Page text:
books i've been reading, cooking

The view from my desk

desk

I thought this might provide a fascinating insight into my creative process.  Mostly it involves being in the world’s yellowest room, trying to read my own handwriting to find out what’s supposed to happen next. The yellow is even more horrid in person, but this is my kitchen and thus the kettle is but a jump to the left (along with the drawer containing the wherewithal to write myself motivatingly silly post-it notes).

book_mini The Brontes WentTo Woolworths, Rachel Ferguson. “Three years ago I was proposed to. I couldn’t accept the man, much as I liked him, because I was in love with Sherlock Holmes.” Where have you been all my life, book? Why were you not on the family bookshelves, filed under ‘Noel Streatfeild for grown-ups’, in between Cold Comfort Farm and I Capture The Castle? (I know why: because it’s been out of print for ages, and is newly reissued as part of a group from Bloomsbury – guess what they’ve called it – of neglected but beloved early C20th fiction. I want them all.) The Carne sisters Katrine, Deidre and Sheil spend their days accompanied by numerous colourful ‘friends’, many of whom they’ve never met – so when they encounter the ‘real’ Lord and Lady Toddington, will real life live up to the fiction, or destroy it? The moment where it begins to dawn exactly how the Brontes come in put a mile-wide smile on my face. A clever and very funny 1930s novel about families and fiction, which makes the reader entirely lose track of who is real and who is not (and not mind at all).

pencil_mini  UNICORNS!!  Only not really (before my editor expires).  It ought to read MERMAIDS!! too.  😛  (Not really them either.)  I’m having proper fun with Project Poppy this week, even if I seem to have hit my intended halfway-point in terms of word count but not in terms of plot.  I don’t care: any day when I get to type ‘SIMEON’S GOLDEN SNOTRAG OF LOVE’ into my manuscript counts as a good ‘un.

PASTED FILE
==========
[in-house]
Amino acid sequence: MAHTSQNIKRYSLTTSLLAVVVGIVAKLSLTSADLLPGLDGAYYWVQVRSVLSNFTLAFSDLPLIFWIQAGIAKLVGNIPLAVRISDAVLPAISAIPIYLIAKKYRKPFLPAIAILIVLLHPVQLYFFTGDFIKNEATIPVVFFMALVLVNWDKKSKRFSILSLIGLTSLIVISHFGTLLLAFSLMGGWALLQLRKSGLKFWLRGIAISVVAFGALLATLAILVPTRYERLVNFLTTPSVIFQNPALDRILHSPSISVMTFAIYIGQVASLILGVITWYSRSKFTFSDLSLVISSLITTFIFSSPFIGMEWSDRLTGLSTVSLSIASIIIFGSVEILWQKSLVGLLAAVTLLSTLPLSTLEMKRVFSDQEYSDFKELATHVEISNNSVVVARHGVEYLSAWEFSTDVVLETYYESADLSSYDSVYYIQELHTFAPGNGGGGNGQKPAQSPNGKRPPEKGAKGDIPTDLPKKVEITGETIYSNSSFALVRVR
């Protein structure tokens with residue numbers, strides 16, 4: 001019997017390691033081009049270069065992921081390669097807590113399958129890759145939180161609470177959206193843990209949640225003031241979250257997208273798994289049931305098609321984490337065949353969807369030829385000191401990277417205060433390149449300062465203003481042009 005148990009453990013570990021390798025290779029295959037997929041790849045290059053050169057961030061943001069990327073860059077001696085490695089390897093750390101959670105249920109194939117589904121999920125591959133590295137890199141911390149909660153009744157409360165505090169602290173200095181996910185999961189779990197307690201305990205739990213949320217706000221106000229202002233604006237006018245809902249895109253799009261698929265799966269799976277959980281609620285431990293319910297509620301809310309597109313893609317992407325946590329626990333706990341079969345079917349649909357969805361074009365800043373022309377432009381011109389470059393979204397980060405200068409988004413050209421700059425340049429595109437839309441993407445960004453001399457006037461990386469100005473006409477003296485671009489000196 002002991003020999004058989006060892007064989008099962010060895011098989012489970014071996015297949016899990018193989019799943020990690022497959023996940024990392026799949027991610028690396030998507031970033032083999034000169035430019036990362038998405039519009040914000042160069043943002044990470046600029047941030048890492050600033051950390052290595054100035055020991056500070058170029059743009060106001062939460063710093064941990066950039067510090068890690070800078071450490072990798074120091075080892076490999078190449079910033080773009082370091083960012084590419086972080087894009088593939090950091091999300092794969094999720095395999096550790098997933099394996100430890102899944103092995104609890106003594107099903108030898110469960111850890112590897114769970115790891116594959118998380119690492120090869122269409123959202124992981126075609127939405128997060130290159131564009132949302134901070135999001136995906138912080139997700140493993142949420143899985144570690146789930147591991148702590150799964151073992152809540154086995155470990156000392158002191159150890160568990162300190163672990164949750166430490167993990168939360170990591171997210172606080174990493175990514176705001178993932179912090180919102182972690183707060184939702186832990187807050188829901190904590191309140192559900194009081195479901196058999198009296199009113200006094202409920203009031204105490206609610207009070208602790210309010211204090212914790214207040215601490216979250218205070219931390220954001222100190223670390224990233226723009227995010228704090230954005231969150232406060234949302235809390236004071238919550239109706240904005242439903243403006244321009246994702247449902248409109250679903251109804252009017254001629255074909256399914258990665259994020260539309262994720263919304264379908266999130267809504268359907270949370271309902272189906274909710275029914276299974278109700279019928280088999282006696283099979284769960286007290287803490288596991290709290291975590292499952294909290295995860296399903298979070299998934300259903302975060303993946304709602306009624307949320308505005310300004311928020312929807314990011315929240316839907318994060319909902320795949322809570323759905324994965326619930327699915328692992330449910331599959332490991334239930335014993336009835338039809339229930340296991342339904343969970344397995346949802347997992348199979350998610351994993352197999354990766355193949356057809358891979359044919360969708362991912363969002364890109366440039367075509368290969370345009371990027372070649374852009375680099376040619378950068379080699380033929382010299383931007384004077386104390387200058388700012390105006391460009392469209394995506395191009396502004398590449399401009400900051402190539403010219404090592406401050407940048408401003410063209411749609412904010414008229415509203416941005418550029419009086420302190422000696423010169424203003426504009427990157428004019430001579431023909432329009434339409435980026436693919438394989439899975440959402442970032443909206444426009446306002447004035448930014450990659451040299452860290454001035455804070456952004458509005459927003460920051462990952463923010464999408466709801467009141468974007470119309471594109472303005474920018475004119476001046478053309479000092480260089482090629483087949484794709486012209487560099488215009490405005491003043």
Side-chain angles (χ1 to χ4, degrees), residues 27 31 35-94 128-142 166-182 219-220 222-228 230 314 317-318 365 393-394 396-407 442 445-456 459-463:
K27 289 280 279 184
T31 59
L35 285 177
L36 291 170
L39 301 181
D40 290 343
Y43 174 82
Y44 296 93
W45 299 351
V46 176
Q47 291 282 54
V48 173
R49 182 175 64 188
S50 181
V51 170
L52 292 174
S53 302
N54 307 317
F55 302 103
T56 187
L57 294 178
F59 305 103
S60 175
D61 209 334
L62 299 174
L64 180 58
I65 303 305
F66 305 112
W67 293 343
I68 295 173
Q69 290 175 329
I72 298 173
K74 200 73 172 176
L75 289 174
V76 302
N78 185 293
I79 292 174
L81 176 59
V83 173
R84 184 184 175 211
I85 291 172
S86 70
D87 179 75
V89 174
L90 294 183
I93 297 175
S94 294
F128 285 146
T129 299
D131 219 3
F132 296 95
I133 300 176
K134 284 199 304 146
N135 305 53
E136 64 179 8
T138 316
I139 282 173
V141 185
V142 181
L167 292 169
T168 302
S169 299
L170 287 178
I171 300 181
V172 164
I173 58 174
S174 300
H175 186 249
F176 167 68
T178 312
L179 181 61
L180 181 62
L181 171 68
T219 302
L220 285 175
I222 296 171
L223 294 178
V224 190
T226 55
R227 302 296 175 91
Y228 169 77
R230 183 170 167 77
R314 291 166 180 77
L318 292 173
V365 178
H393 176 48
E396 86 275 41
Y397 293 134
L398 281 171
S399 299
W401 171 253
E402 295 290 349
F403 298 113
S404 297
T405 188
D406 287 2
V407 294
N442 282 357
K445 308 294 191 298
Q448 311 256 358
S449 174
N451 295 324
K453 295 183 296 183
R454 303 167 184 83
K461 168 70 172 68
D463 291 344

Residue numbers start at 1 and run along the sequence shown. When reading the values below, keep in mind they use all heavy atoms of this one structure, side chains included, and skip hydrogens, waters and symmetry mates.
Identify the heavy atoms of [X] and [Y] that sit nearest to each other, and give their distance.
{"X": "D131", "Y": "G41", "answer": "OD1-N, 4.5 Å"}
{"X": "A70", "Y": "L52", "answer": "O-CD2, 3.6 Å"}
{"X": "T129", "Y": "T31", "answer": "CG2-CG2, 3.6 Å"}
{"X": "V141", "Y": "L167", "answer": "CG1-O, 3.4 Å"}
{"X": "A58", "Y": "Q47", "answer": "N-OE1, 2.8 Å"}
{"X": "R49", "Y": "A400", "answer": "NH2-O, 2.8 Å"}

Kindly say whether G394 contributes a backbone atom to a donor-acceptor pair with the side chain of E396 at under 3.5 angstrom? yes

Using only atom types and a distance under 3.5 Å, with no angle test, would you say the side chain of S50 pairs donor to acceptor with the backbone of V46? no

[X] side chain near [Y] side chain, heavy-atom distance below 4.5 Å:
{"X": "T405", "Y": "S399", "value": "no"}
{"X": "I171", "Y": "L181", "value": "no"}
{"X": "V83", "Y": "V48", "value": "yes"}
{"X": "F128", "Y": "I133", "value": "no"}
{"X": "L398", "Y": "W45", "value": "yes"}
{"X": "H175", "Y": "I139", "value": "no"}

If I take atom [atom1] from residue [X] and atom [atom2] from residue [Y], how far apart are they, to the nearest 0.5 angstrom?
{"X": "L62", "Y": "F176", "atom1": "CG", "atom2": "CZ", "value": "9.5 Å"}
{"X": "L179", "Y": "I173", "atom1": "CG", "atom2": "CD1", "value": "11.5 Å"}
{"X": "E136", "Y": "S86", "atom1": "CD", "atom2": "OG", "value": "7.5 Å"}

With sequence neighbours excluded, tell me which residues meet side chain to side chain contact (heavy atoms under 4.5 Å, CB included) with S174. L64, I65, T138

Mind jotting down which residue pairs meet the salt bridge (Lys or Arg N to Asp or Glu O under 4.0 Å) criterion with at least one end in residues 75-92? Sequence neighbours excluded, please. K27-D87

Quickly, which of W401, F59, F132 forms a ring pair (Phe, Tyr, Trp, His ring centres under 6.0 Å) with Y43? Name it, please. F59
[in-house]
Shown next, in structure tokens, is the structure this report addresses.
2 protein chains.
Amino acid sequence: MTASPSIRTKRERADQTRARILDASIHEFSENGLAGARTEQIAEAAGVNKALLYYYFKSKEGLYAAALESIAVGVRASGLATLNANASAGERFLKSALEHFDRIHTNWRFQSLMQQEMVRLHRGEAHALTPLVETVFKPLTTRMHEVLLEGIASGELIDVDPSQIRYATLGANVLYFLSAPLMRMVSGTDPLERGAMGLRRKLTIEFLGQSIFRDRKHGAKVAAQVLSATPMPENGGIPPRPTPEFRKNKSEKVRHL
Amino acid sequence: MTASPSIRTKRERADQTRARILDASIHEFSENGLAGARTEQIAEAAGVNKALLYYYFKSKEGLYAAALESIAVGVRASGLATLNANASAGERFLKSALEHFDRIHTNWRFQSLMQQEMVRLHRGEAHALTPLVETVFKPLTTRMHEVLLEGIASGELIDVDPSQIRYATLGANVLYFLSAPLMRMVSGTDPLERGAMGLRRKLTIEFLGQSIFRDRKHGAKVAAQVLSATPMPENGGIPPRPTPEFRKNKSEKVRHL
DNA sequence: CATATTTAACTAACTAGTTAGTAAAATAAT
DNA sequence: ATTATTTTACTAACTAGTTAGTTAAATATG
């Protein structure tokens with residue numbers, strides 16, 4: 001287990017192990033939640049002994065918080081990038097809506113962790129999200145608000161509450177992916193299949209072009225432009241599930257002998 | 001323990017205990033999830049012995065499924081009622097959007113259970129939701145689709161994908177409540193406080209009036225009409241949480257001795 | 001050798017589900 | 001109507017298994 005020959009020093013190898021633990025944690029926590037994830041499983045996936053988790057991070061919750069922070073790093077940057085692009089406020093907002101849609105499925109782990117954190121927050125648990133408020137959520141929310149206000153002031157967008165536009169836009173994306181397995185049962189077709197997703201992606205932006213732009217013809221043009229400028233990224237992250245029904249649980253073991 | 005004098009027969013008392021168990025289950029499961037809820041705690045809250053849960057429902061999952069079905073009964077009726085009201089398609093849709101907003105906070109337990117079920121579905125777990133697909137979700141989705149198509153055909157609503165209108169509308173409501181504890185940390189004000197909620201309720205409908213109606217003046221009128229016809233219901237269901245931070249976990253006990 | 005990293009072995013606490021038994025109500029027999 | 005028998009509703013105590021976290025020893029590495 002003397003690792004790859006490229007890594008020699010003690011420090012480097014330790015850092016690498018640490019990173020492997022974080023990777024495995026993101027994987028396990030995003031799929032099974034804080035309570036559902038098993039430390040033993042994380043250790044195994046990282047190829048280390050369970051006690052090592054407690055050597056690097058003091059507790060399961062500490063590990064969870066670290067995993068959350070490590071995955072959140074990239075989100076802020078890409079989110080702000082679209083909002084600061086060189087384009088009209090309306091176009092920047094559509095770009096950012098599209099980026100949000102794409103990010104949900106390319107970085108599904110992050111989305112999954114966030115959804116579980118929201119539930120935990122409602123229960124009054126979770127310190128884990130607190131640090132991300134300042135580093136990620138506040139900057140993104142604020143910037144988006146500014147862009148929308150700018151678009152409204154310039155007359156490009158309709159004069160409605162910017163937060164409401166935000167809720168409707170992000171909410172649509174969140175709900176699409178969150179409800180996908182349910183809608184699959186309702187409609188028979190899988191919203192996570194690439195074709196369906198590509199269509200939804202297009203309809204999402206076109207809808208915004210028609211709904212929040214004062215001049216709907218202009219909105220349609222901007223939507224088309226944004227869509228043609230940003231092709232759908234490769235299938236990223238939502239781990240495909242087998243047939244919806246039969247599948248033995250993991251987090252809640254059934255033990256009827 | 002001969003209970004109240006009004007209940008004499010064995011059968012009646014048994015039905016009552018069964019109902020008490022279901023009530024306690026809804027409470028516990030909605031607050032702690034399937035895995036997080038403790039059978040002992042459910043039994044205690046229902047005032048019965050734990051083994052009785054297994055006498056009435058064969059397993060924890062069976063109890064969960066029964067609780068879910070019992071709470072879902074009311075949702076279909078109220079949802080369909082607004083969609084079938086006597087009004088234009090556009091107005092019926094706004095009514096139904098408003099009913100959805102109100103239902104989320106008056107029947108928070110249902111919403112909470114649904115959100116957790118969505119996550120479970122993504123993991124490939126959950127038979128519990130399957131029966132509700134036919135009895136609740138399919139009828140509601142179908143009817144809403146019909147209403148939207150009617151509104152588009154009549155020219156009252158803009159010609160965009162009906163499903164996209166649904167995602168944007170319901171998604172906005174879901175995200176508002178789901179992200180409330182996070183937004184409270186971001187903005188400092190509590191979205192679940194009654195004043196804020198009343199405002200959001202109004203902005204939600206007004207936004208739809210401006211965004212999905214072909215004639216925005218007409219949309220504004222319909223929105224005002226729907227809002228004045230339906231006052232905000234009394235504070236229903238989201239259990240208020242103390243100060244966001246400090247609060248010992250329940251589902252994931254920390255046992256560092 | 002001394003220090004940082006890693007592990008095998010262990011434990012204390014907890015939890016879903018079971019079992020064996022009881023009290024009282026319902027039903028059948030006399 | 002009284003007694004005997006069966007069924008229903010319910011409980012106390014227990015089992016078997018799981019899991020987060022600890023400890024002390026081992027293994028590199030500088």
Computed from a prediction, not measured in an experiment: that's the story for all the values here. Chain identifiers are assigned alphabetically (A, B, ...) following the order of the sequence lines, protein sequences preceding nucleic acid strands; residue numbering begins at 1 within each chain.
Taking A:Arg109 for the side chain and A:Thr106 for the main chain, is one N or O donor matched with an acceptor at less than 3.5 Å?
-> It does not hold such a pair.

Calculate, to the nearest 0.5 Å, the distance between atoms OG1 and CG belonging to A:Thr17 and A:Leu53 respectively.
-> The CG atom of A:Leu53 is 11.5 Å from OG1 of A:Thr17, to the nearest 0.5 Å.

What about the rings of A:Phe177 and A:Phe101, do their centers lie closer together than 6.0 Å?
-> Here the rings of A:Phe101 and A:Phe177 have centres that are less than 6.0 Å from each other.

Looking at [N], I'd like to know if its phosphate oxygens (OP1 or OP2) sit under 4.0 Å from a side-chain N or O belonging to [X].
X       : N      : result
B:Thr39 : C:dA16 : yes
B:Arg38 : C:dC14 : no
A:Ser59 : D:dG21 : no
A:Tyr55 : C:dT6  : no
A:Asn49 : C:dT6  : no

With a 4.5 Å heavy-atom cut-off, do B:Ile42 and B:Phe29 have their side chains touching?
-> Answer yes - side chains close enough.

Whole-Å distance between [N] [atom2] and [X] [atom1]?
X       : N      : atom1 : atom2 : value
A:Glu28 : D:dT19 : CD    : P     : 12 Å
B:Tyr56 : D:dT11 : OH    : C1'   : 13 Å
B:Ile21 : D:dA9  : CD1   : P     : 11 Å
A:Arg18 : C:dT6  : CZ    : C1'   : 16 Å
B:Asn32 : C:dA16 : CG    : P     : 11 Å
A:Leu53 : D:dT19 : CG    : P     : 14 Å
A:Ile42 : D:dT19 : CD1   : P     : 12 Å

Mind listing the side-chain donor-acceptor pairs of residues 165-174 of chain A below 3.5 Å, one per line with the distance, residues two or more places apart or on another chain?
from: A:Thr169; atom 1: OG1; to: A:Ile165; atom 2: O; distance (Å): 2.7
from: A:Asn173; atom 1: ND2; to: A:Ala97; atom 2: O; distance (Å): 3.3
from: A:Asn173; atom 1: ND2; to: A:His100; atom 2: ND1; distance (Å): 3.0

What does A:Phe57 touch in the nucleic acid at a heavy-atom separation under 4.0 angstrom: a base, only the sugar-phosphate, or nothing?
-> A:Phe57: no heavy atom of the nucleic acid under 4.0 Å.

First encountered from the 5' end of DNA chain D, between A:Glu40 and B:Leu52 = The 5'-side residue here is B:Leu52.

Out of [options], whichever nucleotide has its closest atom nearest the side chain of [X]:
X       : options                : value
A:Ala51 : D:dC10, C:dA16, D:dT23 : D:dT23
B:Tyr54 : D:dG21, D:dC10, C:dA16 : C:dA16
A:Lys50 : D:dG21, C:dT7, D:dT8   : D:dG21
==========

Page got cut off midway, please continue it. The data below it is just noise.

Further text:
rocrastination_mini  Icing Sinterklaas biscuits for St Nick’s Day (thank you Kirsten!); making parsnip, chilli & ginger soup (mmm); wishing I was home to see Small Person being an angel (awwww).

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16 thoughts on “The view from my desk”

  1. Have you considered Griffins? Like Unicorns, they’re magnificent and mythic, but they have the added bonus of being part lion, part eagle, all awesome.

  2. I do like a gryphon. I think I won something in a quiz when I was about 8 for knowing what they were: that makes one warm to a mythical beast. Sadly the mermaids and unicorns are already taking up more room than they should because they amuse me so – but who knows what the second draft may bring…

  3. More mermaids please. When I told Small Person she was funny this morning she told me she didn’t want to be funny. She wanted to be a mermaid. But then yesterday she said she wanted to be an astronaut when she grew up. “So I can go to mars and come out of a rocket.” A few weeks ago she wanted to be Father Christmas, so I’m glad to see she has high aspirations. I’m still supporting this though: http://www.pinkstinks.co.uk.

    Woolworths book sounds excellent – will add to wishlist!

  4. *waves at ESP in your nice picture*

    Can’t she be a funny mermaid? With a rocket? Who is also Father Christmas once a year? She could totally do all of those. And I LOVE the pinkstinks business (though feel a bit as if I can’t flail about it too excitedly since Girl Meets Cake is a bit pink, I fear). That is sort of where the mermaids come in with the new one, though. It’s about being derailed by insidious prescriptive teenage girliness when you were perfectly fine just doing your own slightly unhip thing after all. Hurrah!

  5. I don’t mind mermaids, I don’t really mind fairies too much, and I can just about (grimacing) cope with the princesses, as long as they don’t do too much hanging around waiting for a prince. It’s the fashion/parties/makeup/shopping bullsh** I REALLY object to: all making sure that our daughters are nice, passive consumers, waiting to spend their time, energy and money on hair straighteners and hair removal products and glittery lip gloss and to be treated like crap by the first bloke willing to pay them some attention. GRRRRRRRRRRRRRRRRR.

    The original ‘when I grow up’ conversation came up when one of SP’s friends was asked by a woman (she didn’t know) at playgroup, (sugary tone) “So, what do you want to be when you grow up? A princess?”

    Response from SP’s friend (also aged 3): “No, princesses are just for pretending.”

    Smart girl. She is however, unwilling to believe that her friend’s dad is a nurse. Because men are doctors and women are nurses. Where can she have got that idea from? Stand up the Early ‘Learning’ Centre. You just have to wonder what, precisely, they want them to learn from sparkly high-heeled dress-up shoes.

    So, please do strike a blow against insidious girly crap. The girls need all the help they can get.

  6. I violently loathed soppy pastel girly pink throughout my childhood, and still hate it with a passion. Vile colour with viler connotations.